He told me that to keep going I had to focus my attention on the stretch of road or of trail I had right in front of me. That meant I had to focus my attention on things like a tree just fifty meters away. On a pothole along the road. On nearby bushes. Clumps of flowers. Even lampposts, which are notoriously extremely boring.

When I put this trick into practice I discovered that keeping my mind focused on those small and easy to reach goals gave me a small but meaningful boost every time I reached one of them. And this prevented me from feeling like I wasn’t getting anywhere.

Now that I’ve been running for many years I no longer need to constantly use that trick. But I always have it at my disposal and on those rare days I feel I’m toiling away and not enjoying my running I still resort to it. And even if it can’t turn a bad day into an over-the-top experience, this simple trick can do a lot nonetheless.

Micro-tension is like that. It is the art of transforming an apparently flat and nondescript straight into a series of meaningful steps.

Micro-tension has to do with any feature of your writing that forces your readers to subliminally ask themselves questions. Questions that are going to be answered within a short time frame.

Some examples of micro-tension

1

Every time I breathed, the air in my windpipe was so cold it hurt me. I was so cold I even began to hallucinate. I had the impression the cold and the snow had found a way to enter my body. And that the snow, as white as my bones were, wasn’t just  burying them but dabbing them out of existence.

2

The cold and the snow were no longer around me. They were inside me. Blown on by a harsh wind, the snow whirled, and I could feel it fall on my bones. White on White. One glacial flake after the other the snow wasn’t just  burying my bones, but dabbing them out of existence.

Both descriptions try to force readers to ask themselves questions. But while description 1 starts out in a pretty banal way and only at the end creates an interesting image, description 2 strives from the very beginning to force readers to ask themselves questions. It uses a somewhat deeper and intimate point of view and an oblique way to describe things.

However, this obliqueness never turns into sheer incomprehensibility. In this way the moment readers realize what they are reading about, they experience a small but gratifying ah-a moment.

3

The moment Morrison looked at the photo on the desk, he thought about carnival. Even if he didn’t like carnival, and parades weren’t his forte. Not even Brazilian parades, with those lush samba dancers shaking their asses as if the last Chilean earthquake had just gotten them.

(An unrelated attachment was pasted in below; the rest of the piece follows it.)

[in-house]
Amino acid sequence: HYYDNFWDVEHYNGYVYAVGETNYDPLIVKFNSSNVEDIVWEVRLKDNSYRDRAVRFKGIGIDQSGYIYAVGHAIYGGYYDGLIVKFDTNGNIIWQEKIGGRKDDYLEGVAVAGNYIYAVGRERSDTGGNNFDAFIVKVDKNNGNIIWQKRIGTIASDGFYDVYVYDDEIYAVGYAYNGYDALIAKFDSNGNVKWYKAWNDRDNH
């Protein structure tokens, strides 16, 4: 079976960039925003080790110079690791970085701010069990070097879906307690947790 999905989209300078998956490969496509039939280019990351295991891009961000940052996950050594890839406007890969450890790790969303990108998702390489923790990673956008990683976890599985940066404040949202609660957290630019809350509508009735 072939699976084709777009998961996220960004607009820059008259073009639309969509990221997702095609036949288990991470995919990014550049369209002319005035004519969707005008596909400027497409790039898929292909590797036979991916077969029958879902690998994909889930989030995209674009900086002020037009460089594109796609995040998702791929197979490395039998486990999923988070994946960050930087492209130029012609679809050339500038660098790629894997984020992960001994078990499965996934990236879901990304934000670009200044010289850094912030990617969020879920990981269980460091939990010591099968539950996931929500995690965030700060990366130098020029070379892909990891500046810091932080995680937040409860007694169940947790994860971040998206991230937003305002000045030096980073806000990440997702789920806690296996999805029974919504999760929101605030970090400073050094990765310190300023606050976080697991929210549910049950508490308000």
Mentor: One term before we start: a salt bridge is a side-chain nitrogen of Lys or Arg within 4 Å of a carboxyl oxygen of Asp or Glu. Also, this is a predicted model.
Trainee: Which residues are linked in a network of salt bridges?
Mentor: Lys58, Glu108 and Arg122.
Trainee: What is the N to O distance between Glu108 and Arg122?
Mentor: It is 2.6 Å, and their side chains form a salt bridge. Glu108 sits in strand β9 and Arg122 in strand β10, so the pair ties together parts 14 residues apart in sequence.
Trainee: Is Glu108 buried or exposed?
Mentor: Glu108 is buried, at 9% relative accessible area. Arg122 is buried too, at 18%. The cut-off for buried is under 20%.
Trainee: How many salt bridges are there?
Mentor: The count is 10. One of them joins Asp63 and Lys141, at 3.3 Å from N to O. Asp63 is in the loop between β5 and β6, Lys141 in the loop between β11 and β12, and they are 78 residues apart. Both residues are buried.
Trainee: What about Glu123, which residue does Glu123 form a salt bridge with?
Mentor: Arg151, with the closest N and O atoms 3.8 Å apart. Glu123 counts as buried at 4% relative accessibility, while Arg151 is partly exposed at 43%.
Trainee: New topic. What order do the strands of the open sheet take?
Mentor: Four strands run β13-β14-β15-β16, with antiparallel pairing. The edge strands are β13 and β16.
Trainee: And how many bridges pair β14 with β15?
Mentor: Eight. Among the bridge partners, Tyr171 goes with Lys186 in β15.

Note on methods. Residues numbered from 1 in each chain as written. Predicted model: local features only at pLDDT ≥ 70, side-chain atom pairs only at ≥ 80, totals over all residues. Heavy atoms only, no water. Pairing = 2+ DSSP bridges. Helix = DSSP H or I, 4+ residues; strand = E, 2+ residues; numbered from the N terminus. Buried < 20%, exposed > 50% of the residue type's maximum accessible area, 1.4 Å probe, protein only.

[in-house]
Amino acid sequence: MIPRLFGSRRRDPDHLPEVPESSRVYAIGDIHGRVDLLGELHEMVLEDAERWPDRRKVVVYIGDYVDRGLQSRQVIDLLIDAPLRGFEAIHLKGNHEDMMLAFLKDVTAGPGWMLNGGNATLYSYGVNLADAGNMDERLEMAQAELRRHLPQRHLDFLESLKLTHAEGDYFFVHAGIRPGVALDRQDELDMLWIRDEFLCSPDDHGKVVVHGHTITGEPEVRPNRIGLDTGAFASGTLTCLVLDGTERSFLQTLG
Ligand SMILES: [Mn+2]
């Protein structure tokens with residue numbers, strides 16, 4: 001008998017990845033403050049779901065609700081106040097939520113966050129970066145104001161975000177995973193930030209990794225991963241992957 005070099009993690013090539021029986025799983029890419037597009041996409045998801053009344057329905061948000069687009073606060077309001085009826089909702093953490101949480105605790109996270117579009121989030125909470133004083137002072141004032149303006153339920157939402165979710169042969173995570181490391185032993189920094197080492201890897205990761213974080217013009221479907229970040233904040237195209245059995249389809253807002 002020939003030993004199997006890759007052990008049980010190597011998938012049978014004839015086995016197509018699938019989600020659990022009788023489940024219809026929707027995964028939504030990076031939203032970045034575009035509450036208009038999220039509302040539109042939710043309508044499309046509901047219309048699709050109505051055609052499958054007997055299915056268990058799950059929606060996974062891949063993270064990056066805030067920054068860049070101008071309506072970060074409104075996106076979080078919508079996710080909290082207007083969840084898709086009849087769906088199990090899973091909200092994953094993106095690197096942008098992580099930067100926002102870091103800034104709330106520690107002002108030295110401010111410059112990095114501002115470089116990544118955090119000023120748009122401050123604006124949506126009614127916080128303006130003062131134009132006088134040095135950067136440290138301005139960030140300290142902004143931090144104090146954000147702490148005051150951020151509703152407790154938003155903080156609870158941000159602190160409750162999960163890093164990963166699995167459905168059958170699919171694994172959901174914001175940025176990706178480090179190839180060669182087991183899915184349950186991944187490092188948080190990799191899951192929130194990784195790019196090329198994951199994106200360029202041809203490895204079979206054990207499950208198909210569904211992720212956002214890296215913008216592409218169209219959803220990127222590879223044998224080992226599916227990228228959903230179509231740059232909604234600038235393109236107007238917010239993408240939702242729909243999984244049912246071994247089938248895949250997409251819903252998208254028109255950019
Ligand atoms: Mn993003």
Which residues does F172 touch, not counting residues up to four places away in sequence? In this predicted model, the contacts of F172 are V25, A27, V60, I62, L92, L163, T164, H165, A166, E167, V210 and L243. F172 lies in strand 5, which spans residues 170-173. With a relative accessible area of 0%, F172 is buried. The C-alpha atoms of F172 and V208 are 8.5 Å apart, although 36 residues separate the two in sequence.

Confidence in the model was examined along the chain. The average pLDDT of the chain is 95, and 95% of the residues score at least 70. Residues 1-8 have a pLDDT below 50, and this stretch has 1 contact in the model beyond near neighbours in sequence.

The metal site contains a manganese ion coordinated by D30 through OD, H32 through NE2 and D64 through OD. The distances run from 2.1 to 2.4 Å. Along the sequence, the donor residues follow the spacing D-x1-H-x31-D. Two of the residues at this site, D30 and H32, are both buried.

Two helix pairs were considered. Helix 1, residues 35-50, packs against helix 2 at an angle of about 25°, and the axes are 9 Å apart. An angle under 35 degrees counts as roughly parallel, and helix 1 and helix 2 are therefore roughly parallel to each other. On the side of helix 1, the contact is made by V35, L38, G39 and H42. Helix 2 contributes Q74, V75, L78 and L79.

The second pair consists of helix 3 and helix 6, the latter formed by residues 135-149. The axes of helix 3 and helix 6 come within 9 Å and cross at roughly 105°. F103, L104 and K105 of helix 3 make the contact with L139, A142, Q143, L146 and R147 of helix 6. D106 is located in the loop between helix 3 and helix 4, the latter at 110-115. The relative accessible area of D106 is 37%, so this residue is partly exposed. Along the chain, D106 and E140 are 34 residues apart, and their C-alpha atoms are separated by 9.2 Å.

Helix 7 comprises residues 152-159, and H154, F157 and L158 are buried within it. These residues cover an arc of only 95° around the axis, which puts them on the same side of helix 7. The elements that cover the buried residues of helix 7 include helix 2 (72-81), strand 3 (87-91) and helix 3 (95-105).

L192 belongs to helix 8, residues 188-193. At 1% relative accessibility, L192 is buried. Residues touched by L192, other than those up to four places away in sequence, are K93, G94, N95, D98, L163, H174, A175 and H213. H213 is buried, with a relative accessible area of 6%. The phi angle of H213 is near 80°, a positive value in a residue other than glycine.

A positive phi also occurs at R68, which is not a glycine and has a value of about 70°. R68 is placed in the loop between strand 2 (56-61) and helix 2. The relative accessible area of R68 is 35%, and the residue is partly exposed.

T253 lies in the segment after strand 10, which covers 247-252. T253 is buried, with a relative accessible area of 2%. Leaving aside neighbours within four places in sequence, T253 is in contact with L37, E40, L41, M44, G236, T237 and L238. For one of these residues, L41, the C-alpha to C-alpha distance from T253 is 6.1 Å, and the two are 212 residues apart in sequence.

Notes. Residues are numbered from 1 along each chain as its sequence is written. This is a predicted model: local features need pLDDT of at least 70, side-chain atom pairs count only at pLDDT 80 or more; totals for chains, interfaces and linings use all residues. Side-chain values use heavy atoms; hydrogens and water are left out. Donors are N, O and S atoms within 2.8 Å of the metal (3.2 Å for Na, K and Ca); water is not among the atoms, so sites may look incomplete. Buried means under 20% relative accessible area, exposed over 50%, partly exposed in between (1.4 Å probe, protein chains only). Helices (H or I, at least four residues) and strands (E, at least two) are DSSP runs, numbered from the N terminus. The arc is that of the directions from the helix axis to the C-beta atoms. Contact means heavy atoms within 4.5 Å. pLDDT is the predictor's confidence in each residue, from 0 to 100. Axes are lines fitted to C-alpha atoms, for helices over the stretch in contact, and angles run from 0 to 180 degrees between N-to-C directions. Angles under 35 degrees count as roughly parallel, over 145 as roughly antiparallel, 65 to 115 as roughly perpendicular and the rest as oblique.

He shook his head. The framed photo on the desk spoke of two daughters and a wife. But not of a family.

In the picture, Kimball’s wife stared at the lens. And curled her lips in a parody of a smile. Here. Parody. Morrison smiled to himself. Parody and parade. That was why he had thought of carnival. Or maybe not. Anyway.

He focused back on the picture, on Kimball’s wife. Yes, there was no doubt. Her smile was a parody. And Kimball had to have chosen the best parody he was able to find for his desk. But the picture still looked as fake as the tits she sported under her tight blouse.

Morrison grimaced at the realization. It hadn’t been the association of parody and parade. But those pair of outrageously fake tits that had made him think of carnival.

You need to get a life, he told himself, still waiting for Kimball.

You fingerprints, always yours

As you can see, micro-tension can be applied in an infinite variety of manners. In fact it can be said that micro-tension is where the true voice of a writer finds its way. Because it’s what you are and how you think that will lead you to think of certain ways to create micro-tension rather than others.

What? You’re thinking I’m obsessed with carnival dancers and fake boobs and bones and snow? I don’t know. Maybe I am. Or maybe not. I should write a lot more, and you should read a lot more as well to have any statistical support for such claims. And then, in any case, keep in mind that in fiction are lies that tell the ultimate truth…

If you want to read more about micro-tension you can go and check out The Fire in Fiction by Donald Maass. It’s a nifty and extremely useful handbook. It’s worth every page.


Pictures: jplenio – amid313 – skeeze